LA VERNE, Calif. — The University of La Verne softball team partnered with the Pomona Valley Special Olympics to host a clinic at Campus West.
With the athletes coming off an incredible World Games experience this summer and softball having hosted a clinic two years ago for 60 athletes from all around southern California, this was an obvious fit for a partnership between Leopard softball and the Pomona Valley Wildcats.
The Leopards hosted a four-hour softball clinic and the Wildcats were introduced to the state-of-the-art Campus West facilities. In addition to the clinic, the Wildcats have been practicing weekly at the softball field and La Verne student-athletes and coaches have been a regular presence at the training sessions.
"My goal two years ago was to have the Wildcats share our field," La Verne head coach Julie Smith said. "I am happy that goal came to fruition as these athletes are incredible people and the coaching staff even better."
The Leopards hope continue building on the relationship. "This builds community and bridges the gaps of diversity," Smith said. "We are all better people by serving others. This is a special way to give back, being able to provide first class facilities for a group that works hard and is committed to their sport."
For several years now the Leos softball team have been the Special Olympics softball team. Walking on to the field this year, we had no idea what to expect. Every year, it is a whole new experience with all new players and some who return. As we welcomed all the athletes on the field, we saw nothing but smiles and excited faces. They all were so eager to learn and show us what they already knew.
The best part was that it didn't matter how hot it was, how much work we did or what we asked of them, they wanted to be there and do well. They proved how much hard work and commitment really makes the player. Everything from their effort to their technique was inspiring. Of course on that hot day, running was the unfavored station, but they gave it all their effort anyway. A few of the athletes were inspiring when they were practicing, showing to never give up on the play or yourself and that it is okay to make a mistake as long as you learn from it and know that you are going to get better.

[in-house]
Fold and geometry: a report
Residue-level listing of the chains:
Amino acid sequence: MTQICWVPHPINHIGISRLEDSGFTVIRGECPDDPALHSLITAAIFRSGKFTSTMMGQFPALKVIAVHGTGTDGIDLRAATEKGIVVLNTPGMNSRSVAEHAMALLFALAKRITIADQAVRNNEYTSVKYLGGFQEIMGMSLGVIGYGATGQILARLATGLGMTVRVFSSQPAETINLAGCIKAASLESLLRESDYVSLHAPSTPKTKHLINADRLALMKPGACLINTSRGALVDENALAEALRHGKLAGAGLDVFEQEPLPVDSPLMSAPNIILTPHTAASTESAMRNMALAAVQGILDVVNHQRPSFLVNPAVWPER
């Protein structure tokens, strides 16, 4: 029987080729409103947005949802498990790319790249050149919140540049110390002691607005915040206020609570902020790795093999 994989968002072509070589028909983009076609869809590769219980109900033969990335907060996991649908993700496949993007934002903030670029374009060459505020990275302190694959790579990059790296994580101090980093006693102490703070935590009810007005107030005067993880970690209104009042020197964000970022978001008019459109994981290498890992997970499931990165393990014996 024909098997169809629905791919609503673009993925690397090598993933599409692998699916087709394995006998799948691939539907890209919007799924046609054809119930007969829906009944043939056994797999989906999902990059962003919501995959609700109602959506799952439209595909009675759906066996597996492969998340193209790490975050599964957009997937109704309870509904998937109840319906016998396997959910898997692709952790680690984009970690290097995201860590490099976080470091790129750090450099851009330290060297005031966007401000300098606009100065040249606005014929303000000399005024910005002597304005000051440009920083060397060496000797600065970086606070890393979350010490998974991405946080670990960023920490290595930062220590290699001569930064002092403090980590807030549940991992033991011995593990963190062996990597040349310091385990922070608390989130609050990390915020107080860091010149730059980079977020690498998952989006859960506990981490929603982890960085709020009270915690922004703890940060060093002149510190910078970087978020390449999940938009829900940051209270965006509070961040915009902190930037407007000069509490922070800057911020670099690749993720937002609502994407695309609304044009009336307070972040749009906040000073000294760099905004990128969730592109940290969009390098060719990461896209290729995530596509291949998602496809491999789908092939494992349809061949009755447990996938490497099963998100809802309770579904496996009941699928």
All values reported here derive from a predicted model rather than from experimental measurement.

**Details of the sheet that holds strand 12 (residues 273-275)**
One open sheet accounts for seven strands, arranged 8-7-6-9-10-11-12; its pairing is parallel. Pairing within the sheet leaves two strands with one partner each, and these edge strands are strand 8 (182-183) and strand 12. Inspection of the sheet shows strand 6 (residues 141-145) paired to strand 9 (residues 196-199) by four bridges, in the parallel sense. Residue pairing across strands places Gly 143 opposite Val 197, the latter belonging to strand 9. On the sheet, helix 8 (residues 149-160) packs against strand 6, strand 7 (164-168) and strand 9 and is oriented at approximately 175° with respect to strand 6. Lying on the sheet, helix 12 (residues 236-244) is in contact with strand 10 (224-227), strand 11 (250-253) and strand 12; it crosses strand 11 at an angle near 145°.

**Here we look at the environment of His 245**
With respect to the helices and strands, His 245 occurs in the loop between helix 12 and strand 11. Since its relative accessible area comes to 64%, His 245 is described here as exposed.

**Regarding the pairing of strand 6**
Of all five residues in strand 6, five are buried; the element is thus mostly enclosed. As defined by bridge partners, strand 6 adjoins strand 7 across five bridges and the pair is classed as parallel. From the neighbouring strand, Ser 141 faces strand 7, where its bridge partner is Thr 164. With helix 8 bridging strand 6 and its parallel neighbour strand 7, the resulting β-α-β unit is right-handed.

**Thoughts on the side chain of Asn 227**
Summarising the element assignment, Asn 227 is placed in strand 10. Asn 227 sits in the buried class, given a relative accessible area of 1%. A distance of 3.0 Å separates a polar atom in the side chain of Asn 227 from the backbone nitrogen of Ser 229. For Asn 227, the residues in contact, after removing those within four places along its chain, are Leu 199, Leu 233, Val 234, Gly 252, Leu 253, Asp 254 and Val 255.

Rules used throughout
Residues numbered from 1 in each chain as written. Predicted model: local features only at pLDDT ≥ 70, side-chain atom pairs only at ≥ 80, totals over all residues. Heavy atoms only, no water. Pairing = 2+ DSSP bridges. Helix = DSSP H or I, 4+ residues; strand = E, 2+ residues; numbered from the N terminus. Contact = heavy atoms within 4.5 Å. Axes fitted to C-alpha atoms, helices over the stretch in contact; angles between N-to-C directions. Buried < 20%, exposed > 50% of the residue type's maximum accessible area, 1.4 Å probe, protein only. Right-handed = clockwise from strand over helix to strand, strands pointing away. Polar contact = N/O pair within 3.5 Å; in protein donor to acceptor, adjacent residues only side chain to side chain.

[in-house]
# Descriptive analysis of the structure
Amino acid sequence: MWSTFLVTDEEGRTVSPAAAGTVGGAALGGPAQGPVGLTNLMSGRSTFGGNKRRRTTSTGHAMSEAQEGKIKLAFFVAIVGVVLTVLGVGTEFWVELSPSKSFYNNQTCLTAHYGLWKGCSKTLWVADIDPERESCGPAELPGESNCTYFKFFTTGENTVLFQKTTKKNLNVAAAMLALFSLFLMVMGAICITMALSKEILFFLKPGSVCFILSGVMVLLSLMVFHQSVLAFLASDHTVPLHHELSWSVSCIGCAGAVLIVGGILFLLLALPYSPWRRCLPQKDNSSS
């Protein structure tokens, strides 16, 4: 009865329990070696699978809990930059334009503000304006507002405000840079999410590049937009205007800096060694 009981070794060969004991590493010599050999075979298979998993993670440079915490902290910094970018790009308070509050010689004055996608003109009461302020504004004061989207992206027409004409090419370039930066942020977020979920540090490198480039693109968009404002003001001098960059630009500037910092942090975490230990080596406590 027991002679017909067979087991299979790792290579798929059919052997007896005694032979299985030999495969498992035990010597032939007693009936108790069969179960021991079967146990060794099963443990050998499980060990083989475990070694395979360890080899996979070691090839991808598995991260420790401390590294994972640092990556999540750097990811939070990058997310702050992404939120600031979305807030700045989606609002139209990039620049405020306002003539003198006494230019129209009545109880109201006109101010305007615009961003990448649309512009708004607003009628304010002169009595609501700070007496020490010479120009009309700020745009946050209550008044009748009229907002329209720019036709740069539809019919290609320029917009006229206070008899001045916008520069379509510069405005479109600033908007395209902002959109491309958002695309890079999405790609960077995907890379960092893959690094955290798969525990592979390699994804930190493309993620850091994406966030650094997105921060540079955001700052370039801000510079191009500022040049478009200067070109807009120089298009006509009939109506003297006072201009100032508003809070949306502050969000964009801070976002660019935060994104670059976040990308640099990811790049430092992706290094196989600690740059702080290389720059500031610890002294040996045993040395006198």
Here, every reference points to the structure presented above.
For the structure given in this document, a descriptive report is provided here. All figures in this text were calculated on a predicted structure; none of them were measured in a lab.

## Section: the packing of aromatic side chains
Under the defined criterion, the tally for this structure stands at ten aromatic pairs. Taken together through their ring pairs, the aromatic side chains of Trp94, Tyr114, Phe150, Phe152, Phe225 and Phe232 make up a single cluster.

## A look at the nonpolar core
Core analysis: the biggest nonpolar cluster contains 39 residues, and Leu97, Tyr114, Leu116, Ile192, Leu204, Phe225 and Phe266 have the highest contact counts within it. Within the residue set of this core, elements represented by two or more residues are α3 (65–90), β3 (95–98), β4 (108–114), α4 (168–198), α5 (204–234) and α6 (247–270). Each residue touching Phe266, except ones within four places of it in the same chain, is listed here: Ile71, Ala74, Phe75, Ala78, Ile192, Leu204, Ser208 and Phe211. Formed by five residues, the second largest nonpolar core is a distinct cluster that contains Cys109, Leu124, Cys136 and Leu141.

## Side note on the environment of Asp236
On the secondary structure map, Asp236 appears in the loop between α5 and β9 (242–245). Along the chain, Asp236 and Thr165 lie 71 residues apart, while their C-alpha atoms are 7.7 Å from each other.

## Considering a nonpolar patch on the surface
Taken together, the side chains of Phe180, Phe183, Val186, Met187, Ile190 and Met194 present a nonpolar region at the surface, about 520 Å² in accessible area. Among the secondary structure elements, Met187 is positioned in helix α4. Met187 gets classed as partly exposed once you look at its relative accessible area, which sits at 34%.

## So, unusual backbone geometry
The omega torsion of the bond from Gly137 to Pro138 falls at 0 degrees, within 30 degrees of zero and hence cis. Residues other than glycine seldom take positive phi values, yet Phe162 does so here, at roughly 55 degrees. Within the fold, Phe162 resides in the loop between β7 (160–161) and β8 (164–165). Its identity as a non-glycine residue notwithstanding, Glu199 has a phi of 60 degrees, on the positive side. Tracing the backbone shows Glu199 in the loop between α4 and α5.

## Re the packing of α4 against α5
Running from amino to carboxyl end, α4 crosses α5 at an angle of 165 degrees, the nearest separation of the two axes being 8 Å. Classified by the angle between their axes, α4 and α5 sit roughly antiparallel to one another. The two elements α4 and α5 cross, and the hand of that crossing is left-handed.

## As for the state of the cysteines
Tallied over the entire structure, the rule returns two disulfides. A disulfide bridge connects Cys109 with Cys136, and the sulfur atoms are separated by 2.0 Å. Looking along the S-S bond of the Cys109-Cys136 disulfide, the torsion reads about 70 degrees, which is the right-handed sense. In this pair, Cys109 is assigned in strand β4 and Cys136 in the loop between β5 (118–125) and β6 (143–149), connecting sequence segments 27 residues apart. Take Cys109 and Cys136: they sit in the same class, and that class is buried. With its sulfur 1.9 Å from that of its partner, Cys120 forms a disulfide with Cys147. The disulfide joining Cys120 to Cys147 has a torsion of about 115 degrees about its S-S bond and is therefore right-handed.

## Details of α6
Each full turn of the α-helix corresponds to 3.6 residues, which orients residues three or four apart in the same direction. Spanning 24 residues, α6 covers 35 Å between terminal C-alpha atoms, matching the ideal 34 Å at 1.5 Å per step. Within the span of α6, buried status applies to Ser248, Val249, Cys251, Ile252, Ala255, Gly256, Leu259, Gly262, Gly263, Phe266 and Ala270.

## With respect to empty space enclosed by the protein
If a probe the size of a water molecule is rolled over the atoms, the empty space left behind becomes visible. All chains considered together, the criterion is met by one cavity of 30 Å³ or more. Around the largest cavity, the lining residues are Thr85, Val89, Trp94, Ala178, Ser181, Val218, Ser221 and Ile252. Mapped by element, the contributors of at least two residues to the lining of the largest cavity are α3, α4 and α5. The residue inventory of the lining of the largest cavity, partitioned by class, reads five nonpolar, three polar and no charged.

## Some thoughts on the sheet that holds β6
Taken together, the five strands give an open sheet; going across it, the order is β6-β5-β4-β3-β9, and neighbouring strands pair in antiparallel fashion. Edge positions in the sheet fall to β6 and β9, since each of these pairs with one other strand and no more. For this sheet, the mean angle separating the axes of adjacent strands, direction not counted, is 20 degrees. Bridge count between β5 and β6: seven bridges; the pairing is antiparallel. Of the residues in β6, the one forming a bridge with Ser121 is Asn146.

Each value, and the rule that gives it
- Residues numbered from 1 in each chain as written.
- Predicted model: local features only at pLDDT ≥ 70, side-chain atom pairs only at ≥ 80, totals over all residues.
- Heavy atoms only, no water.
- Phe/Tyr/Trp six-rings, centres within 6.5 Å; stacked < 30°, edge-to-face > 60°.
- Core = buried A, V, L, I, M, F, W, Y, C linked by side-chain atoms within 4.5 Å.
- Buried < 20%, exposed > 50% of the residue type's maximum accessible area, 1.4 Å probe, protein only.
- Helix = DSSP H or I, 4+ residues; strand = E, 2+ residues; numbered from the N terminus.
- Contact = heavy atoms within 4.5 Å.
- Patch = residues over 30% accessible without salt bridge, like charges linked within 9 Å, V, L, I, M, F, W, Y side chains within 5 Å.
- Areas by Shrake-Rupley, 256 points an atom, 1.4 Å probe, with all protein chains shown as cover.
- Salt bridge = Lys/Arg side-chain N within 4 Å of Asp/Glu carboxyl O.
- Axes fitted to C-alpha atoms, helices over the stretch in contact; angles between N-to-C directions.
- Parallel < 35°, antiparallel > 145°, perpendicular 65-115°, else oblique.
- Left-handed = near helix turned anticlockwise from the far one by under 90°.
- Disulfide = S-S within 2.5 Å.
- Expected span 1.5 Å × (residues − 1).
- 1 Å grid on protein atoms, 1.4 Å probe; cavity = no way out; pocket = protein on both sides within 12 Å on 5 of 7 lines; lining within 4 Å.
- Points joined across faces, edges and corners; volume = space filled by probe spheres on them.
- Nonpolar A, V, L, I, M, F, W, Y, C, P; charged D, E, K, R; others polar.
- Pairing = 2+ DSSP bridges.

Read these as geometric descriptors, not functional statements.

Considering I have never worked with anyone who has special needs, I was not sure what to expect at all. At first, I was unsure how to act or even what to say. As the day went on, an instant connection with one of the younger participants was made. Emily was quiet and only stuck by one of her other special needs friends. But when I began to speak with her, it's like every word she was previously holding back flew out. From the few words she did speak, I could just sense her excitement. Her big smile made it even more evident. I only helped Emily throughout some parts of the day, but the connection I made with her was so fulfilling. Because of her, and the other participants as well, I was able to leave the field feeling so rewarded.